Barn is a neat encapsulation of Young’s overarching obsessions. Following up 2019’s Colorado, which marked Lofgren’s return to the Crazy Horse fold, it’s both woody and pastoral and blown out and noisy. There is a sense of familiarity between the players that doesn’t really translate to the recording, which is kept open-ended and experimental. In that space it feels like things are happening, rather than things are being willed to happen. “When you record with Neil he takes it to an extreme of not just live recording, but live recording with no headphones,” Lofgren observes.
“We did this when we made Colorado too, you took a day or so to get everything to where you heard each other and you saw each other, and you were singing out of a PA. Everything is bleeding into everything else. Between doing that and performing like a band at a club, the roar and the mess of everything really was a familiar thing. I enjoy it. It takes you out of that recording head. Then you add on to the fact that you don’t know the song that well. It keeps you from even having a chance to settle into parts. There’s a different feel when you’re not that comfortable.”
Lofgren has been playing with Young and Crazy Horse on and off since the early 1970s, when he was basically still a kid. Along with the first Crazy Horse LP he sat in, with Talbot and Molina, on a couple of Young’s greatest works: 1970’s After the Gold Rush and 1975’s Tonight’s The Night. The latter provided a crash course in the process that has been passed down through the years to Barn. “It’s a lot of muscle memory, but it’s more emotional memory of the excitement and being comfortable being in a situation where you’re playing live, you’re literally on a stage in a barn,” Lofgren says.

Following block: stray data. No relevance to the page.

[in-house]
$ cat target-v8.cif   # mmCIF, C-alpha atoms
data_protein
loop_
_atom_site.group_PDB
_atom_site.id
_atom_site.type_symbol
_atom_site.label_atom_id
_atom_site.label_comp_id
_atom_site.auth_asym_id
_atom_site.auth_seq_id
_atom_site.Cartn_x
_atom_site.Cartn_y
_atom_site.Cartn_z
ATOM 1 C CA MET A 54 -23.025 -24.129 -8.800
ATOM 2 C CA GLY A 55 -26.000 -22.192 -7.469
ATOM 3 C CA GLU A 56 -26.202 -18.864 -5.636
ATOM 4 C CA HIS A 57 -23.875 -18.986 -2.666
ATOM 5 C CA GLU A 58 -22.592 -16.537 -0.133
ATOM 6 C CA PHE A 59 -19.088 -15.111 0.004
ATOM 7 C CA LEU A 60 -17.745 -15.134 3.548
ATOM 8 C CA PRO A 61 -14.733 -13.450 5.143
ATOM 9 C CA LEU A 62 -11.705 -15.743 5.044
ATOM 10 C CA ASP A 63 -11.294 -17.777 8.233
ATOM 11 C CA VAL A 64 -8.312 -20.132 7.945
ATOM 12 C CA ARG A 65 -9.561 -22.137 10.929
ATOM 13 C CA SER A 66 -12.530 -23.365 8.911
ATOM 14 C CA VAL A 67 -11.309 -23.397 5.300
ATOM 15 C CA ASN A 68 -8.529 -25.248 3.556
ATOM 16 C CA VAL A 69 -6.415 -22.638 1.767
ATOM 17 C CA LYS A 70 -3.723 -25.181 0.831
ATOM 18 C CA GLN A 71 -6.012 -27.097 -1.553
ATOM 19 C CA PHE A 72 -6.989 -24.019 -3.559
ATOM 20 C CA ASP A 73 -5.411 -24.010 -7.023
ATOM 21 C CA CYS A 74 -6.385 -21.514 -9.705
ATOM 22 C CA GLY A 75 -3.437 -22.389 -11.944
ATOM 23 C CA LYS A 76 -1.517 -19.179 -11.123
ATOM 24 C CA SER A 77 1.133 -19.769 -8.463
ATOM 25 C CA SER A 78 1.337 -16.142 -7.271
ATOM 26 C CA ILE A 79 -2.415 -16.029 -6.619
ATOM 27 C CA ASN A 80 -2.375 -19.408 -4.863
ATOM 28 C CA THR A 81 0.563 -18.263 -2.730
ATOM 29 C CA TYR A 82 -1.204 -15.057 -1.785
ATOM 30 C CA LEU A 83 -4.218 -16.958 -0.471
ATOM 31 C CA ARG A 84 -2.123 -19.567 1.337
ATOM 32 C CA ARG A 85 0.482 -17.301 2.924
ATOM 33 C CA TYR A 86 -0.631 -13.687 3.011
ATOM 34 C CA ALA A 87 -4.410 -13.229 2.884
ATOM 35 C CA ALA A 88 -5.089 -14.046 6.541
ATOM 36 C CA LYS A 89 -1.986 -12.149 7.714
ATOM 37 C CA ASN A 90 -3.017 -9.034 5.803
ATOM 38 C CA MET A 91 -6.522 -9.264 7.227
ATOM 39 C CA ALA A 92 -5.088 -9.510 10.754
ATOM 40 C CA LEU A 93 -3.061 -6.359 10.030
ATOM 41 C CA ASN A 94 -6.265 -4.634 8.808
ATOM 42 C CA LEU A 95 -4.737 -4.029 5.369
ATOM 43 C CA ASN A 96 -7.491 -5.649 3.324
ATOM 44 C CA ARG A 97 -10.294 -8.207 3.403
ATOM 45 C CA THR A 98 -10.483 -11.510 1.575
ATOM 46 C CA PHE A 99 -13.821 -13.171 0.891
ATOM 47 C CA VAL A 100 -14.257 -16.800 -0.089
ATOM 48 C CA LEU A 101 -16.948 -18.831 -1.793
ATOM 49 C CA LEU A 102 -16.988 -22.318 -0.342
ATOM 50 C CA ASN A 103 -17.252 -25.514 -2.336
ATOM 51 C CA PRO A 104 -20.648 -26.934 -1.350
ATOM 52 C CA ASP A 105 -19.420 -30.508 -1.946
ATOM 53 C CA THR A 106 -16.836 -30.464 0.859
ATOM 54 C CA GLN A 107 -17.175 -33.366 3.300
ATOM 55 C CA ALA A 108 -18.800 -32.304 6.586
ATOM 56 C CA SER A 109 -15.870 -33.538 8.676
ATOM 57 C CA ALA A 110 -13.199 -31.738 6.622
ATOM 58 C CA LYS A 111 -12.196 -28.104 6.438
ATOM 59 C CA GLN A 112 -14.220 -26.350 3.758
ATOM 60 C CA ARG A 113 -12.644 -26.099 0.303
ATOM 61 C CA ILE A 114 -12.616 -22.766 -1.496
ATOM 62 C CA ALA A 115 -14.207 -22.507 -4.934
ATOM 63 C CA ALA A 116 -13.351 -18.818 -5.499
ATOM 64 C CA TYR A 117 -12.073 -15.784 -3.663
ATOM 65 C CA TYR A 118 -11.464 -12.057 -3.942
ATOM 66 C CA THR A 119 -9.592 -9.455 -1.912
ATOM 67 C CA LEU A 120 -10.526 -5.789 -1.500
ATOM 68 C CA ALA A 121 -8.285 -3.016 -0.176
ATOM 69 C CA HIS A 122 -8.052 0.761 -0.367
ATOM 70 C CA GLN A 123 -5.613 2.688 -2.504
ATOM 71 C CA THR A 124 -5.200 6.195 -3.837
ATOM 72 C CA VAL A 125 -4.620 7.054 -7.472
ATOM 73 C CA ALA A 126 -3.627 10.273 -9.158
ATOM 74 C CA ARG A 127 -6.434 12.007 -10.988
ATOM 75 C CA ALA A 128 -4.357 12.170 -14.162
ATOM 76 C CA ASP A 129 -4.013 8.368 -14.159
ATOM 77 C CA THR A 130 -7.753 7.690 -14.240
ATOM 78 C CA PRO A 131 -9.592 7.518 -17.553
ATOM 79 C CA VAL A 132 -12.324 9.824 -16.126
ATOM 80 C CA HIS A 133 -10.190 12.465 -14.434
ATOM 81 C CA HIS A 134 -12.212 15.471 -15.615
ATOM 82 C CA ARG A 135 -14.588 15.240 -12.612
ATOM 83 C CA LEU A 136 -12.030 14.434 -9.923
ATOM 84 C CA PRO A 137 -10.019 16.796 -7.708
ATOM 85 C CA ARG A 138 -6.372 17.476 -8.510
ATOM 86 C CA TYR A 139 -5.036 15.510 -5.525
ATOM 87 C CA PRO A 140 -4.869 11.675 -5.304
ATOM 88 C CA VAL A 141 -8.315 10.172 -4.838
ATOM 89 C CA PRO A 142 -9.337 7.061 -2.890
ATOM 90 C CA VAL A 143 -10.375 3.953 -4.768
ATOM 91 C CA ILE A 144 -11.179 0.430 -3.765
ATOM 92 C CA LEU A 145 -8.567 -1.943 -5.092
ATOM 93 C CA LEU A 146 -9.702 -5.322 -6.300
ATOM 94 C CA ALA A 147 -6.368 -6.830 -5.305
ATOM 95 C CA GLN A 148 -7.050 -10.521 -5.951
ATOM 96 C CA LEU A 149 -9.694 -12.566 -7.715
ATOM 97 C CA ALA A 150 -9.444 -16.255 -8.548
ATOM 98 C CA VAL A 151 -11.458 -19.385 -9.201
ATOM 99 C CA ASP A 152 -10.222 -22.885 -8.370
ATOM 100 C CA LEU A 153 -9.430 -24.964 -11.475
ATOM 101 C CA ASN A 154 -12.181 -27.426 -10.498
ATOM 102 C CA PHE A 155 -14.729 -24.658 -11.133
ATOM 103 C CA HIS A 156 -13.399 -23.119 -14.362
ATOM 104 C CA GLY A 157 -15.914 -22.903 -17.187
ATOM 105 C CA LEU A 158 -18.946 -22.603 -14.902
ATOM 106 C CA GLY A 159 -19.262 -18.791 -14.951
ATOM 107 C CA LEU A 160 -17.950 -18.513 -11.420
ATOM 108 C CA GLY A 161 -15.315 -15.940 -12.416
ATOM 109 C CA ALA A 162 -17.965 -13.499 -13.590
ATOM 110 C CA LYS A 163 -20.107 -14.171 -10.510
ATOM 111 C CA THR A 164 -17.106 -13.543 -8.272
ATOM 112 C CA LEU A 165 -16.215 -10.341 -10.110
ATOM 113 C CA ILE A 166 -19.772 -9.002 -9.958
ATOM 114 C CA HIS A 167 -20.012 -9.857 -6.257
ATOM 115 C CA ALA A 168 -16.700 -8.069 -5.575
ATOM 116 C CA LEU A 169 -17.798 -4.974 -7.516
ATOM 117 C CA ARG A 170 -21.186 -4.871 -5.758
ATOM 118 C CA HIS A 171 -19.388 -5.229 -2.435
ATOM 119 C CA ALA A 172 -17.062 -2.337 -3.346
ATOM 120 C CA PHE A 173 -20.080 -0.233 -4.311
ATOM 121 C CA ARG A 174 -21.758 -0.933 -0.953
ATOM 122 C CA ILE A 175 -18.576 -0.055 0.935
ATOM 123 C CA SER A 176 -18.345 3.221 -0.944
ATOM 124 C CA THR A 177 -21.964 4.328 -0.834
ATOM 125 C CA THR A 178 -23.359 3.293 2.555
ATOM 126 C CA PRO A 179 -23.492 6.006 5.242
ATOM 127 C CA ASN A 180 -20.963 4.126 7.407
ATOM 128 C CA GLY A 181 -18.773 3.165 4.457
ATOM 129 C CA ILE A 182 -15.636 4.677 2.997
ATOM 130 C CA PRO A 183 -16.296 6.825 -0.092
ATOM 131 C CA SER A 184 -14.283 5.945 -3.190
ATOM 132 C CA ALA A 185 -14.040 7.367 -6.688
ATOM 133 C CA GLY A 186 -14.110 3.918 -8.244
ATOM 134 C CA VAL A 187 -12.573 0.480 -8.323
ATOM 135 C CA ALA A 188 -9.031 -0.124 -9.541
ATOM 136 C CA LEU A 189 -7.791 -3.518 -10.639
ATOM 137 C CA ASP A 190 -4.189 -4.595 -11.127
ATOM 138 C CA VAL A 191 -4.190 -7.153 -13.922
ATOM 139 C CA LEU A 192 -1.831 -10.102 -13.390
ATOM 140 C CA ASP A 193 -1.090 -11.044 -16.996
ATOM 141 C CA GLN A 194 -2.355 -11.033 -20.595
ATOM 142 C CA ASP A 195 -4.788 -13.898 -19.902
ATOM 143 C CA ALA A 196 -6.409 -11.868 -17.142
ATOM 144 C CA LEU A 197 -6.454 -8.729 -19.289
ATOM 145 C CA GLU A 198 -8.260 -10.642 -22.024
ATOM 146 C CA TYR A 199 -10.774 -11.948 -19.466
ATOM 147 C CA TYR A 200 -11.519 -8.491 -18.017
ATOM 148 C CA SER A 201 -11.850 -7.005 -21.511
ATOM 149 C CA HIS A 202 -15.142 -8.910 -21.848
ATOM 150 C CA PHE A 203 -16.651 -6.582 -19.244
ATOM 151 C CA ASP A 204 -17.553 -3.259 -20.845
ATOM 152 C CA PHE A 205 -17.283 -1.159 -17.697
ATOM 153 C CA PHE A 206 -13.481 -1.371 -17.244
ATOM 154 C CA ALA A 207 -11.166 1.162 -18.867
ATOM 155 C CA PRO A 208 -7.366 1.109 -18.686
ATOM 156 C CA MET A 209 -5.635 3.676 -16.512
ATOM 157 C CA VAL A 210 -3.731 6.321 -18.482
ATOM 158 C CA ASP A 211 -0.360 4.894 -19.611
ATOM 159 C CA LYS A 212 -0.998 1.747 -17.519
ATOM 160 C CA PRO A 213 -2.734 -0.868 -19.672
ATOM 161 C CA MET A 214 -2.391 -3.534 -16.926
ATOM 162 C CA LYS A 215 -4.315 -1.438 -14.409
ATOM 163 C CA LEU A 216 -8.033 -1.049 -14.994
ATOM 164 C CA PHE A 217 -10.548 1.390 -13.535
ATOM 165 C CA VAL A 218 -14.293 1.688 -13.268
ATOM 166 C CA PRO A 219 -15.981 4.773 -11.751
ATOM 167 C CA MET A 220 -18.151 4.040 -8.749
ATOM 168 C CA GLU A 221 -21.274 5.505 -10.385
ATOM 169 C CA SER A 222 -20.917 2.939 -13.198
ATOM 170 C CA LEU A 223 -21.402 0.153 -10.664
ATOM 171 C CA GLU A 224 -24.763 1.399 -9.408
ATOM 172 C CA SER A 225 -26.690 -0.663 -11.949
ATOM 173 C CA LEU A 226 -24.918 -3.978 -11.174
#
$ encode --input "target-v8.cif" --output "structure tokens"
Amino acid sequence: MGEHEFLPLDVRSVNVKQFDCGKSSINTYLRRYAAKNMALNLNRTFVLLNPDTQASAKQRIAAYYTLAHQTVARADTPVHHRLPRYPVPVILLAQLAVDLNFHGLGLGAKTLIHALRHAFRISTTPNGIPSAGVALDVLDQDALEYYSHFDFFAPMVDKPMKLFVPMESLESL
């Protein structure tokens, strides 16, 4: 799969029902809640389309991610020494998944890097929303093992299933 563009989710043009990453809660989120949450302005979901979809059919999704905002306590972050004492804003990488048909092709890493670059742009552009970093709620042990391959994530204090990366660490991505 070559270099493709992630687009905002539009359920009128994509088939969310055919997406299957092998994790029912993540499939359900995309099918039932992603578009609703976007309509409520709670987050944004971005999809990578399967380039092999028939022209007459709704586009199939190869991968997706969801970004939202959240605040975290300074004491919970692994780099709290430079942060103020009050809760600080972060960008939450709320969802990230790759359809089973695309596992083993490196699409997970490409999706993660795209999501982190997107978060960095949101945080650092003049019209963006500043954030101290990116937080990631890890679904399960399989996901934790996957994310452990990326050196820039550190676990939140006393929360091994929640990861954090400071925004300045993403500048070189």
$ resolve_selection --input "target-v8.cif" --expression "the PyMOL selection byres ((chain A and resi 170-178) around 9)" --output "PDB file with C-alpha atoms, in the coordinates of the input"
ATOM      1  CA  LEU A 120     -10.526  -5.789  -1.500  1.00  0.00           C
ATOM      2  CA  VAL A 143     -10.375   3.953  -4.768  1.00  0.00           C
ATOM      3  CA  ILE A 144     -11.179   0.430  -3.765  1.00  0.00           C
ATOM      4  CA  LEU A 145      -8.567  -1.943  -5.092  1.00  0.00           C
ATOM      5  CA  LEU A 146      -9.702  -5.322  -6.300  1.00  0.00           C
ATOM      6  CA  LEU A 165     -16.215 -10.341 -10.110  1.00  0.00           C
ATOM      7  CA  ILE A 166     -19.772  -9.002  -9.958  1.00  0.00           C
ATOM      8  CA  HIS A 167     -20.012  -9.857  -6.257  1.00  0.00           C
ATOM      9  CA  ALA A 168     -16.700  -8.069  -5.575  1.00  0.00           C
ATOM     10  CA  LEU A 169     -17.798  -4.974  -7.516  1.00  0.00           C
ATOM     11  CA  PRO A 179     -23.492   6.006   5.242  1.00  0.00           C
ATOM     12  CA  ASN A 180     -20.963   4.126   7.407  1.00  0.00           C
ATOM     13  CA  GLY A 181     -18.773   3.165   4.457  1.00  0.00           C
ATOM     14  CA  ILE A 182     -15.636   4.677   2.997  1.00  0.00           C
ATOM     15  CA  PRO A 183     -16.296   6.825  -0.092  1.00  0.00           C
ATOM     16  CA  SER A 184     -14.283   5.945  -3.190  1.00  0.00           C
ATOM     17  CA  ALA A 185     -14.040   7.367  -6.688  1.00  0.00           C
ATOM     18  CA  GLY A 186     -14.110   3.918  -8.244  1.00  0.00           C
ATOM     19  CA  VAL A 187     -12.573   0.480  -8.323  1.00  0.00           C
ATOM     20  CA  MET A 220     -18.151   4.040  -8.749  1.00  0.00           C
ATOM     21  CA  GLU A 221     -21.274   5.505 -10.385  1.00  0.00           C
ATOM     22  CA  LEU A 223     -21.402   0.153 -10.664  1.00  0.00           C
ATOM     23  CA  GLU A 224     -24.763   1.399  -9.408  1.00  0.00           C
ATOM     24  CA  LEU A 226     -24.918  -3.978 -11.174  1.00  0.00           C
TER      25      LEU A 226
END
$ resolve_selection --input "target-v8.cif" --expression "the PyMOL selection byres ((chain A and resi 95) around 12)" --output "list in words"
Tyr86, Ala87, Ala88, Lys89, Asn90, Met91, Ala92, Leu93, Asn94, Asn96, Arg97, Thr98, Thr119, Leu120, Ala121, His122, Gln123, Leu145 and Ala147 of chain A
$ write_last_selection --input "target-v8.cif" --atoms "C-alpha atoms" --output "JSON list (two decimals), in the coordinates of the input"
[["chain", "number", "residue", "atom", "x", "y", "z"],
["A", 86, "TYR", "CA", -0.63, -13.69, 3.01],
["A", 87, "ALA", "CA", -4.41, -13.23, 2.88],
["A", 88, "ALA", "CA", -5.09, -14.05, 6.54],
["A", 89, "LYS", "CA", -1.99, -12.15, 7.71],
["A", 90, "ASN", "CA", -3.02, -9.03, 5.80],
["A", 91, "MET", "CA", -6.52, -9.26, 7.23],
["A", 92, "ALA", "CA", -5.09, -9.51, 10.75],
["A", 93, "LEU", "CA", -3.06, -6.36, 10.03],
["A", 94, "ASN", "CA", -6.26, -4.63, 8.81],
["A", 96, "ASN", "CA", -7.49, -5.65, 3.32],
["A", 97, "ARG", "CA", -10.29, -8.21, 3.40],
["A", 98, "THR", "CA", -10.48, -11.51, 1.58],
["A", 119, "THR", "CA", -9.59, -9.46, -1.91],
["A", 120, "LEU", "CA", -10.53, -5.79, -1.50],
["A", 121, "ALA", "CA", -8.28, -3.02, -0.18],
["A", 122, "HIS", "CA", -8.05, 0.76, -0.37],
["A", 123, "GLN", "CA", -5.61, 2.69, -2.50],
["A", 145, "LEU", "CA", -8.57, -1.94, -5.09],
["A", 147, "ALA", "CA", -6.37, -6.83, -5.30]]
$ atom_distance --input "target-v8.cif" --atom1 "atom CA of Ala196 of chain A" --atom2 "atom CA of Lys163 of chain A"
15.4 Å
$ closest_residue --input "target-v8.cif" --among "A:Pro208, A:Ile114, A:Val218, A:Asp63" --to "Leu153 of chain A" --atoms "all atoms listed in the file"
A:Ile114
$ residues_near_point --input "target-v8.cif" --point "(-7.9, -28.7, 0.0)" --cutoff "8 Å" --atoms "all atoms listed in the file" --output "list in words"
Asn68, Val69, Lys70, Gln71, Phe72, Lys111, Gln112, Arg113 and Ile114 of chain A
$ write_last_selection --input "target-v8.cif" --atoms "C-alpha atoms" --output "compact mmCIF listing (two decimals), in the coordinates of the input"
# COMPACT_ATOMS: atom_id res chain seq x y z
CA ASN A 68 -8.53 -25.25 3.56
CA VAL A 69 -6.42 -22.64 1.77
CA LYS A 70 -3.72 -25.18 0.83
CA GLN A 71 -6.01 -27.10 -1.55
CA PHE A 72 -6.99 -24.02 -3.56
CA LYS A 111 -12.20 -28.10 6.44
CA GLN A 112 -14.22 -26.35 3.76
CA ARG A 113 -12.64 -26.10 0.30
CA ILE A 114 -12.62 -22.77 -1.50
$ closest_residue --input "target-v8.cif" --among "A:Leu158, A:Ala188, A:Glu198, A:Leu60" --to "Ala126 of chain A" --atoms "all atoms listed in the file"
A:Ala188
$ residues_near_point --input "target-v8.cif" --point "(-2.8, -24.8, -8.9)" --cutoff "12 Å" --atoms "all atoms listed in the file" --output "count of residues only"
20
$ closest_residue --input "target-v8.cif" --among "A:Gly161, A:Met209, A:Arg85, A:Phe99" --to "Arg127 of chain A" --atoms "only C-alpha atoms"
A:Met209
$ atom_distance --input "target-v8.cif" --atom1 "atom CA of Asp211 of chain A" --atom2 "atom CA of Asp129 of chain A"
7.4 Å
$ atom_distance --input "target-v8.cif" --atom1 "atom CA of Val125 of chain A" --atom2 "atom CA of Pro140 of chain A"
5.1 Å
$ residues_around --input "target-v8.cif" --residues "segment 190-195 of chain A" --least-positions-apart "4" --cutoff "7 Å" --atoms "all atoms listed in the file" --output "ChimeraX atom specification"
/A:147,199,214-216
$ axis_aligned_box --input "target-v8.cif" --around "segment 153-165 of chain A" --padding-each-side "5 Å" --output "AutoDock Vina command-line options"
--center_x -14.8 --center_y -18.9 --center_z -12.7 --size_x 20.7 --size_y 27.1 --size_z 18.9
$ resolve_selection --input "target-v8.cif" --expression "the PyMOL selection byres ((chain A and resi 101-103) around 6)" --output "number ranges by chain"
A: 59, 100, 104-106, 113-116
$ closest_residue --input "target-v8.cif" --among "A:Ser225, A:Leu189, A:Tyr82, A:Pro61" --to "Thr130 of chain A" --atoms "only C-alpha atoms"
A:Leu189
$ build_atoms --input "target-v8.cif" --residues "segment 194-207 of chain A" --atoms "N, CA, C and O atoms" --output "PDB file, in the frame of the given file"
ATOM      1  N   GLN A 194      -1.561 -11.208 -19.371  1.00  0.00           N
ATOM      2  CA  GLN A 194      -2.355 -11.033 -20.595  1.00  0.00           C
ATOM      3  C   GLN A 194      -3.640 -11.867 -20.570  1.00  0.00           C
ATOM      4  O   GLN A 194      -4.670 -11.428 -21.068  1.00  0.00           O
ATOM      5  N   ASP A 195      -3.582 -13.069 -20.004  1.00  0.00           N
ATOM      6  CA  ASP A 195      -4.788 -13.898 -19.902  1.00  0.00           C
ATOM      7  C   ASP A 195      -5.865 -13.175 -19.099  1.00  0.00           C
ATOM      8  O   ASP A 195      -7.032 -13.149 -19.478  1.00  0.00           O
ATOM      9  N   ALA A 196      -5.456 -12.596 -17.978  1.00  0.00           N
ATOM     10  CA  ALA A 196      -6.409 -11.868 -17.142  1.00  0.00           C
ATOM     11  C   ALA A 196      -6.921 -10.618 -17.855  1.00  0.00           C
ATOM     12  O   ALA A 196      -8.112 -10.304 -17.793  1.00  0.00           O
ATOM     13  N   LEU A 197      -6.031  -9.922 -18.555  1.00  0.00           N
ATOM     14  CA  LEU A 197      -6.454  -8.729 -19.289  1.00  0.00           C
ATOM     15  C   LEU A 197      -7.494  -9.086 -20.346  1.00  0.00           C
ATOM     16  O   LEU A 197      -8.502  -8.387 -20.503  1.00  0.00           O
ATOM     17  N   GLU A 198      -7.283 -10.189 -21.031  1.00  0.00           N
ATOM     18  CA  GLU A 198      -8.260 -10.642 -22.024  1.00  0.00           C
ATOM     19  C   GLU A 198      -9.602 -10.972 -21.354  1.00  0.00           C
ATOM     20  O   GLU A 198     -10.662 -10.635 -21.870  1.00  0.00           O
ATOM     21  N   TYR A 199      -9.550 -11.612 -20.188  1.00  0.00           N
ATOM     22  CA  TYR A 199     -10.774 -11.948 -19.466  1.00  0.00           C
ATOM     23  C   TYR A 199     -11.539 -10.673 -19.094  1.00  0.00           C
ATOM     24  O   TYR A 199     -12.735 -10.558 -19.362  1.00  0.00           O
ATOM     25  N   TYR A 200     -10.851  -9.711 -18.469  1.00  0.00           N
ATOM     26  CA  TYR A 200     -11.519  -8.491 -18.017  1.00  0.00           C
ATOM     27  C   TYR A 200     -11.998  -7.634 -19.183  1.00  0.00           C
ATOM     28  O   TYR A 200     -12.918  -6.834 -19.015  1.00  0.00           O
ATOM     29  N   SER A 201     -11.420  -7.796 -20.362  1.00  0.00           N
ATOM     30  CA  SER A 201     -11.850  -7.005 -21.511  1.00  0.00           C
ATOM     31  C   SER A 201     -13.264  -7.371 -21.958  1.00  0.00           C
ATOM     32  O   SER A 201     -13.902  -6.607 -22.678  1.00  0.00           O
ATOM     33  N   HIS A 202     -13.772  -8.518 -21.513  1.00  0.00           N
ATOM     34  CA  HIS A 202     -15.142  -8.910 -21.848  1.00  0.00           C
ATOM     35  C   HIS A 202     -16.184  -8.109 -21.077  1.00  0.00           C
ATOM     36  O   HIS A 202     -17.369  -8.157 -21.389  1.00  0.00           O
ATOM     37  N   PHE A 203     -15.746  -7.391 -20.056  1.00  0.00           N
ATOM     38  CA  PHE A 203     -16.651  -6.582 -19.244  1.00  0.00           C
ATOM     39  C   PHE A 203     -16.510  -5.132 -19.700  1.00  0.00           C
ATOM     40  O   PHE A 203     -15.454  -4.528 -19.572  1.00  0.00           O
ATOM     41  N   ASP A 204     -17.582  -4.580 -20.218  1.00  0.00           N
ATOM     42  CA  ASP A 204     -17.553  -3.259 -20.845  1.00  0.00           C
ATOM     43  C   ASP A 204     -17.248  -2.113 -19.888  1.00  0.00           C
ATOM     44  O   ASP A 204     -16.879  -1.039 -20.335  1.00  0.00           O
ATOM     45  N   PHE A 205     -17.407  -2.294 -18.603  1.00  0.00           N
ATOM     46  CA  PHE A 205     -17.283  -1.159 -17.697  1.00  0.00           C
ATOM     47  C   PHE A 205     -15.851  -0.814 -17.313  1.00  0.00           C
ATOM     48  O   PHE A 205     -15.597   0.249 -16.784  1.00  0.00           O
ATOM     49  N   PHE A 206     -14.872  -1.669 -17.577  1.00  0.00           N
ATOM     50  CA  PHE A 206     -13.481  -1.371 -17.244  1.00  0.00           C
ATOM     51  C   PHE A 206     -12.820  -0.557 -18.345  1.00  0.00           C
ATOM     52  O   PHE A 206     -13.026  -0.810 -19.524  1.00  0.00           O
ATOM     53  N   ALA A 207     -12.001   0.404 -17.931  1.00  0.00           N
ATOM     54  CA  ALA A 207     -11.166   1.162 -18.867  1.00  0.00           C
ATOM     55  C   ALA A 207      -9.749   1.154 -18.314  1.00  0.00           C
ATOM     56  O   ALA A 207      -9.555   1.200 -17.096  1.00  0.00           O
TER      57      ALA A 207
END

“Much like all the work I’ve done with Neil, we’re learning the songs as we’re recording them. It’s very fresh and raw. Tonight’s The Night was the epitome of that, where David [Briggs, producer] and Neil warned us that it was kind of an anti-production record, where he didn’t even want us knowing the songs too well. Ralphie and Billy and I were singing live, and Ben Keith, and the theme was ‘stay down in it emotionally’ because when Neil gets the vocal that’s it. No-one can change a note. He wants people to see how it is before it’s all polished and dolled up.”